Researchers are helping artificial intelligence understand fairness

Teaching AI what's fair
"We're trying to design AI systems that aren't just for computer science, but also bring value and benefits to society," Tan says. Credit: Creative commons via Pexels

"What is fair?" feels like a rhetorical question. But for Michigan State University's Pang-Ning Tan, it's a question that demands an answer as artificial intelligence systems play a growing role in deciding who gets proper health care, a bank loan or a job.

With funding from Amazon and the National Science Foundation, Tan has been working for the last year to teach how to be more fair and recognize when they're being unfair.

"We're trying to design AI systems that aren't just for computer science, but also bring value and benefits to society. So I started thinking about what are the areas that are really challenging to society right now," said Tan, a professor in MSU's Department of Computer Science and Engineering.

"Fairness is a very big issue, especially as we become more reliant on AI for everyday needs, like health care, but also things that seem mundane, like spam filtering or putting stories in your news feed."

As Tan mentioned, people already trust AI in a variety of applications and the consequences of unfair algorithms can be profound.

For example, investigations have revealed that AI systems have made it harder for Black patients to access health care resources. And Amazon scrapped an AI recruiting tool that penalized job applicants who were women in favor of men.

Tan's research team is contending with such problems on multiple fronts. The Spartans are looking at how people use data to teach their algorithms. They're also investigating ways to give algorithms access to more diverse information when making decisions and recommendations. And their work with the NSF and Amazon is attempting to broaden the way has usually been defined for AI systems.

A conventional definition would look at fairness from the perspective of an individual; that is, whether one person would see a particular outcome as fair or unfair. It's a sensible start, but it also opens the door for conflicting or even contradictory definitions, Tan said. What's fair to one person can be unfair to another.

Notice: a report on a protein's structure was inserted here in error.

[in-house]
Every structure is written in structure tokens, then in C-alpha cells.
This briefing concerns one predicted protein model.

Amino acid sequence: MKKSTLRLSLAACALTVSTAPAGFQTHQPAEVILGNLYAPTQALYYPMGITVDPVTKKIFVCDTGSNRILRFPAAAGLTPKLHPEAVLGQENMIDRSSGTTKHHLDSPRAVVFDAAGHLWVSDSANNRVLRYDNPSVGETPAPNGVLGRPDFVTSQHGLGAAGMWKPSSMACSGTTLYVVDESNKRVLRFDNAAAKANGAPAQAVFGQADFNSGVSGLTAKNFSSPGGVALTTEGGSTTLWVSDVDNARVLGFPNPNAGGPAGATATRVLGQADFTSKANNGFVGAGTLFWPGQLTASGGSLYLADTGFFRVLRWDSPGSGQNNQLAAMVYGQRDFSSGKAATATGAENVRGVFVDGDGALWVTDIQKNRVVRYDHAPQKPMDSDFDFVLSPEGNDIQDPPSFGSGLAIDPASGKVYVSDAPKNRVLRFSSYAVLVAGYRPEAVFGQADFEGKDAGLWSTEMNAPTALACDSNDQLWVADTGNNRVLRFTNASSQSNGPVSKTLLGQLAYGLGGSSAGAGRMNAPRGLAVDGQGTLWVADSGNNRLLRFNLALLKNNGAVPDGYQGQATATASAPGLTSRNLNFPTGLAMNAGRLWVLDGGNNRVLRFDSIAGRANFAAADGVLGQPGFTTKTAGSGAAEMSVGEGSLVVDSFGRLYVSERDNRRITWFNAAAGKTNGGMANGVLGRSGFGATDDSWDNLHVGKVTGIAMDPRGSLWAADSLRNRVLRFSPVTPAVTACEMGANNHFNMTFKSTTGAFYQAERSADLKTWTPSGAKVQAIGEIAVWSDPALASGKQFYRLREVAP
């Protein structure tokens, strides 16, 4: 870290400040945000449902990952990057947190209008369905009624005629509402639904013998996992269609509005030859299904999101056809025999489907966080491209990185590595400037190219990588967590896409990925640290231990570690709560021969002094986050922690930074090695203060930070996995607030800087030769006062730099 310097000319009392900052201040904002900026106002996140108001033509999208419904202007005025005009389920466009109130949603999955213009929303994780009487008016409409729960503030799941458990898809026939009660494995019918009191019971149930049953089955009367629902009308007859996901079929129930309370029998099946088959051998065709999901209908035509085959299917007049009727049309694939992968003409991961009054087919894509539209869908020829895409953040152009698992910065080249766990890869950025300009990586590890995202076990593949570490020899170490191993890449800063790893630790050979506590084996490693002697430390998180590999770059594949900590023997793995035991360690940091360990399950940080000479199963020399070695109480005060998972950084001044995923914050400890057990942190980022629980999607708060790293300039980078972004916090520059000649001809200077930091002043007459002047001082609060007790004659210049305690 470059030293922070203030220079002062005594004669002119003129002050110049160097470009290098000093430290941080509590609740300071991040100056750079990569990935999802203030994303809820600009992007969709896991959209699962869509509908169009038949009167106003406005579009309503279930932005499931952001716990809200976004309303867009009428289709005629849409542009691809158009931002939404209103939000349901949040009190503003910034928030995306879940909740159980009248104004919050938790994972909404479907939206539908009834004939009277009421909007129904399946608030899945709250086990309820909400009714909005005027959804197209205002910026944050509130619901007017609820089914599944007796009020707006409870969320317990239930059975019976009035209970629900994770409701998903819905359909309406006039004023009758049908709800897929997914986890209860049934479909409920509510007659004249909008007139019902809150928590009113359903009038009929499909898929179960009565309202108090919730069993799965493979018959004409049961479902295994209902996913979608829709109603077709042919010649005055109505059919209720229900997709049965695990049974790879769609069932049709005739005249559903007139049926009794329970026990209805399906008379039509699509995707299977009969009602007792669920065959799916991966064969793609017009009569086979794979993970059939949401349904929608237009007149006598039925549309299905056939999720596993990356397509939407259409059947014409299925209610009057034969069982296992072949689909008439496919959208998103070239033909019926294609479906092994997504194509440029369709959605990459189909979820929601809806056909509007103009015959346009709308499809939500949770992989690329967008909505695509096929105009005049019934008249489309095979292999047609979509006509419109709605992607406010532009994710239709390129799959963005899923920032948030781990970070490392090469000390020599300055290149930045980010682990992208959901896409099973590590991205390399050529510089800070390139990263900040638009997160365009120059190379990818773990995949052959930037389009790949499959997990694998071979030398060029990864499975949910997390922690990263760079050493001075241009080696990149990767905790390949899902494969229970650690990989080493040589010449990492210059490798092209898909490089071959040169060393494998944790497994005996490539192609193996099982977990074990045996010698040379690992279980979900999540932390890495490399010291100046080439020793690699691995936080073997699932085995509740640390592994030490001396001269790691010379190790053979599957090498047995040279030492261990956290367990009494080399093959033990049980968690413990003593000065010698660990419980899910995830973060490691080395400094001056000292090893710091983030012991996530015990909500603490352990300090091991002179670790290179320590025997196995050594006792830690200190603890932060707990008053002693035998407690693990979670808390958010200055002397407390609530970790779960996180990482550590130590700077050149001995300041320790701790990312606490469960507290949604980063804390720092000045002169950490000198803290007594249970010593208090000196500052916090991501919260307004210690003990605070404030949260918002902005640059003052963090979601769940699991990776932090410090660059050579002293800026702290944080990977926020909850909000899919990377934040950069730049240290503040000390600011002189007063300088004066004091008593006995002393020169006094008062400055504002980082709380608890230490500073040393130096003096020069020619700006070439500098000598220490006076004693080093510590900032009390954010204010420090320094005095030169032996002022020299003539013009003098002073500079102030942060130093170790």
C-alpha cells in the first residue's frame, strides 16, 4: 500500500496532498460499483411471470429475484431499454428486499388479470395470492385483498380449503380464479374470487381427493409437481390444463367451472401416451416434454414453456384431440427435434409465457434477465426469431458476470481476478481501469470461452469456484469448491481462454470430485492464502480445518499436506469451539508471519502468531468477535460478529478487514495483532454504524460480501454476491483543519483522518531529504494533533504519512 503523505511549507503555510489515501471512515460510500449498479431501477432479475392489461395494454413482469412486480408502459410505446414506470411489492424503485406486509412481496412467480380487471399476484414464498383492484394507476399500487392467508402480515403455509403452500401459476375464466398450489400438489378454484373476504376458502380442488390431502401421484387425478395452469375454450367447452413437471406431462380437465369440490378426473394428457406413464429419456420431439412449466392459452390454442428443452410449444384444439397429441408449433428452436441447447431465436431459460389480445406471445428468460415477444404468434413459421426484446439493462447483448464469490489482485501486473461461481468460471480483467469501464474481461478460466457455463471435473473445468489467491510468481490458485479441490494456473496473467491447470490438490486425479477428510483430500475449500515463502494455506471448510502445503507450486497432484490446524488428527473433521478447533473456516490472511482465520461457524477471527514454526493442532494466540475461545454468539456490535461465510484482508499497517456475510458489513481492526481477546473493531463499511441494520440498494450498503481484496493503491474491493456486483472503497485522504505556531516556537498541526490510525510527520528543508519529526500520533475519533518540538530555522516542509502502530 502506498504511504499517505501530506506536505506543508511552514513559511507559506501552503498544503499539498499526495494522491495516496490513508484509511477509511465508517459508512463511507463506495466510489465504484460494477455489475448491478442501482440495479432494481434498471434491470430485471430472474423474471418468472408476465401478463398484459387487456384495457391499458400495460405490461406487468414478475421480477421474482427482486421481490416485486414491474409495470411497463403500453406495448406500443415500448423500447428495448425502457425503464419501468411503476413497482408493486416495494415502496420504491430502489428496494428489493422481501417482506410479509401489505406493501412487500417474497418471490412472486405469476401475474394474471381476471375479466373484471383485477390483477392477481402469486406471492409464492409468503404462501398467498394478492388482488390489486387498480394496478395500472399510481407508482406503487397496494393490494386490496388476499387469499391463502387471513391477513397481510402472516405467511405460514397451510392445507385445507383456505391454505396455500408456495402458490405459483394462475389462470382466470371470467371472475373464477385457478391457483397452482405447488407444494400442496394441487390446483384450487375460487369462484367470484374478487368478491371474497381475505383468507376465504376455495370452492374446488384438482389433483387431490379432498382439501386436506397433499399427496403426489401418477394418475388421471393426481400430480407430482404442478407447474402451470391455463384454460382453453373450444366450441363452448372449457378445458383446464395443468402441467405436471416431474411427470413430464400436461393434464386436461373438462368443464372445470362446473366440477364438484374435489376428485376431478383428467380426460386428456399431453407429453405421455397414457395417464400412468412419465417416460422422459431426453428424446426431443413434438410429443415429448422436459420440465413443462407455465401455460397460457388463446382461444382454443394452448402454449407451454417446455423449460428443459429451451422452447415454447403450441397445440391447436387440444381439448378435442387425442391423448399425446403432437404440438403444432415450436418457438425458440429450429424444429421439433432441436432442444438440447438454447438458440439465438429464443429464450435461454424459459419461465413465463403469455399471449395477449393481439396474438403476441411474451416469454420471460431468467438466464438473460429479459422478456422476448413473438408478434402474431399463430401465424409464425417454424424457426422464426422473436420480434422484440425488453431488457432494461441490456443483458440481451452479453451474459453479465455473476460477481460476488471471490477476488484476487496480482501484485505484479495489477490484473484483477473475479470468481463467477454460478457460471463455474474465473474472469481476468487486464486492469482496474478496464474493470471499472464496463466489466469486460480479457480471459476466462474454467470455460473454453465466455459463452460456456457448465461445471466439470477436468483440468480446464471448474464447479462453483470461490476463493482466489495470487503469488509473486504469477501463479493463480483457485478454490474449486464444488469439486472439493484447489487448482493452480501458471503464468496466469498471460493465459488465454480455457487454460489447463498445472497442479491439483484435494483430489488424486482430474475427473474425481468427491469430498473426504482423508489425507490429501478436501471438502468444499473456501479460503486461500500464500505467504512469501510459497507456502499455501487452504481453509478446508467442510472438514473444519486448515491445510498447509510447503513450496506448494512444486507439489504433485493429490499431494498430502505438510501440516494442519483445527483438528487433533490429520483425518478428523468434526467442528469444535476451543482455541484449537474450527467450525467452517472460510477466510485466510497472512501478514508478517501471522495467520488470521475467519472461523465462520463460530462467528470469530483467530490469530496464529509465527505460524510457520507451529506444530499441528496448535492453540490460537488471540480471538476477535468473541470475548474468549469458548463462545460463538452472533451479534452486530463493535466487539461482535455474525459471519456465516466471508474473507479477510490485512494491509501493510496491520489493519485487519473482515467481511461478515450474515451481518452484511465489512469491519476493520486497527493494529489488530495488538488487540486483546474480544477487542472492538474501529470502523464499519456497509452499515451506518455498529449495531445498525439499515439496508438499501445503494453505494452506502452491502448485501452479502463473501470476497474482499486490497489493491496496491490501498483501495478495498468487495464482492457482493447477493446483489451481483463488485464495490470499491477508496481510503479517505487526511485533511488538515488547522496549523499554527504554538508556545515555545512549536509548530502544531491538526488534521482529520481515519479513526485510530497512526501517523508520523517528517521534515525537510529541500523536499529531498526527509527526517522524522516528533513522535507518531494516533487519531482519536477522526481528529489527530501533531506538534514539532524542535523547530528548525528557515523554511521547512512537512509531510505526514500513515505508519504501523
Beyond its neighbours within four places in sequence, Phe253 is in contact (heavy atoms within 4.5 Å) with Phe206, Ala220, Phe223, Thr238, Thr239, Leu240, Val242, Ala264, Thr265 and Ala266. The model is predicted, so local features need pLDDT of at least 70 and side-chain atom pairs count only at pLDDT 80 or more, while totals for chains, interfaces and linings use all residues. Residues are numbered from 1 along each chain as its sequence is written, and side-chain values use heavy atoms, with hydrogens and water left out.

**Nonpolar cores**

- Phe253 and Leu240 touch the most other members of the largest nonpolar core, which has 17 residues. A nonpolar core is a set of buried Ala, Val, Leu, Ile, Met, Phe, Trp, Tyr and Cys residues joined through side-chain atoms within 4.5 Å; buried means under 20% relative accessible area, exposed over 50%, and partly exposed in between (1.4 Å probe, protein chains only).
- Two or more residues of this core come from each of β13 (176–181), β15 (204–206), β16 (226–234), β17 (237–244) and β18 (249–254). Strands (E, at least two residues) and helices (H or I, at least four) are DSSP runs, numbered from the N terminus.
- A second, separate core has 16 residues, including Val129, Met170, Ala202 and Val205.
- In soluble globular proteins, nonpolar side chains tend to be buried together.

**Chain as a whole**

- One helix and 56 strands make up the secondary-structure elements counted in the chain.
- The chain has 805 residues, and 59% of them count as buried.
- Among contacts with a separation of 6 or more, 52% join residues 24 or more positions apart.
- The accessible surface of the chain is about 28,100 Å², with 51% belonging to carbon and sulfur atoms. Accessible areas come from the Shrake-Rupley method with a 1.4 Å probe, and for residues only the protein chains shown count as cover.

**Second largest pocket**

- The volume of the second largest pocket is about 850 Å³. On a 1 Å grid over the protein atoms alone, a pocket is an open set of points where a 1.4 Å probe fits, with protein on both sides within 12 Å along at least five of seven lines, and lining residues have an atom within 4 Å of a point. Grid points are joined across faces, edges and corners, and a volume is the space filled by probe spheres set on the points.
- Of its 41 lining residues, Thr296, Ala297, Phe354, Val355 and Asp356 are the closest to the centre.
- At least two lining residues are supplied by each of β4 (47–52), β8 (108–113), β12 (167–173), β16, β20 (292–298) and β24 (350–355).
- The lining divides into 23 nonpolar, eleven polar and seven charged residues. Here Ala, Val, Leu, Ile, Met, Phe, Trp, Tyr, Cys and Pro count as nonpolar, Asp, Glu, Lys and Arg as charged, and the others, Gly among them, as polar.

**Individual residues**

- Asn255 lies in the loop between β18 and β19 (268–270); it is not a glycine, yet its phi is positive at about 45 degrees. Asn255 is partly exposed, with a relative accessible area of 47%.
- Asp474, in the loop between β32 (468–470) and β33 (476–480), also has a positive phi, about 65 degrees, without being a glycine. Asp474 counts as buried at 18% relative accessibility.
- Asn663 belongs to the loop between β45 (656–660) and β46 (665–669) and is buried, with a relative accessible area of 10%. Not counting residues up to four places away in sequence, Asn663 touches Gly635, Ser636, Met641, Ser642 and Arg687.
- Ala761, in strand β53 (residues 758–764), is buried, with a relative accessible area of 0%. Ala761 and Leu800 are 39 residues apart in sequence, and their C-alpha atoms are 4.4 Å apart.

So Tan and his research team are borrowing ideas from social science to build a definition that includes perspectives from groups of people.

"We're trying to make AI aware of fairness and to do that, you need to tell it what is fair. But how do you design a measure of fairness that is acceptable to all," Tan said. "We're looking at how does a decision affect not only individuals, but their communities and social circles as well."

Consider this simple example: Three friends with identical credit scores apply for loans worth the same amount of money from the same bank. If the bank approves or denies everyone, the friends would perceive that as more fair than a case where only one person is approved or denied. That could indicate that the bank used extraneous factors that the friends might deem unjust.

Tan's team is building a way to essentially score or quantify the fairness of different outcomes so AI algorithms can identify the most fair options.

Of course, the is much more complex than this example, and Tan is the first to admit that defining fairness for AI is easier said than done. But he has help—including from the chair of his department at MSU, Abdol-Hossein Esfahanian.

Esfahanian is an expert in a field known as applied graph theory that helps model connections and relationships. He also loves learning about related fields in computer science and has been known to sit in on classes taught by his colleagues, as long as they're comfortable having him there.

"Our faculty are fantastic in imparting knowledge," Esfahanian said. "I needed to learn more about data mining, and so I sat in one Dr. Tan's courses for a semester. From that point on, we started communicating about research problems."

Now, Esfahanian is a co-investigator on the NSF and Amazon grant.

"Algorithms are created by people and people typically have biases, so those biases seep in," he said. "We want to have fairness everywhere, and we want to have a better understanding of how to evaluate it."

The team is making progress on that front. This past November, they presented their work at an online meeting organized by NSF and Amazon as well as at a virtual international conference hosted by the Institute of Electrical and Electronics Engineers.

Both Tan and Esfahanian said the community—and the funders—are excited by the Spartans' progress. But both researchers also acknowledged that they're just getting started.

"This is very much ongoing research. There are a lot of issues and challenges. How do you define fairness? How can you help people trust these systems that we use every day?" Tan said. "Our job as researchers is to come up with solutions to these problems."

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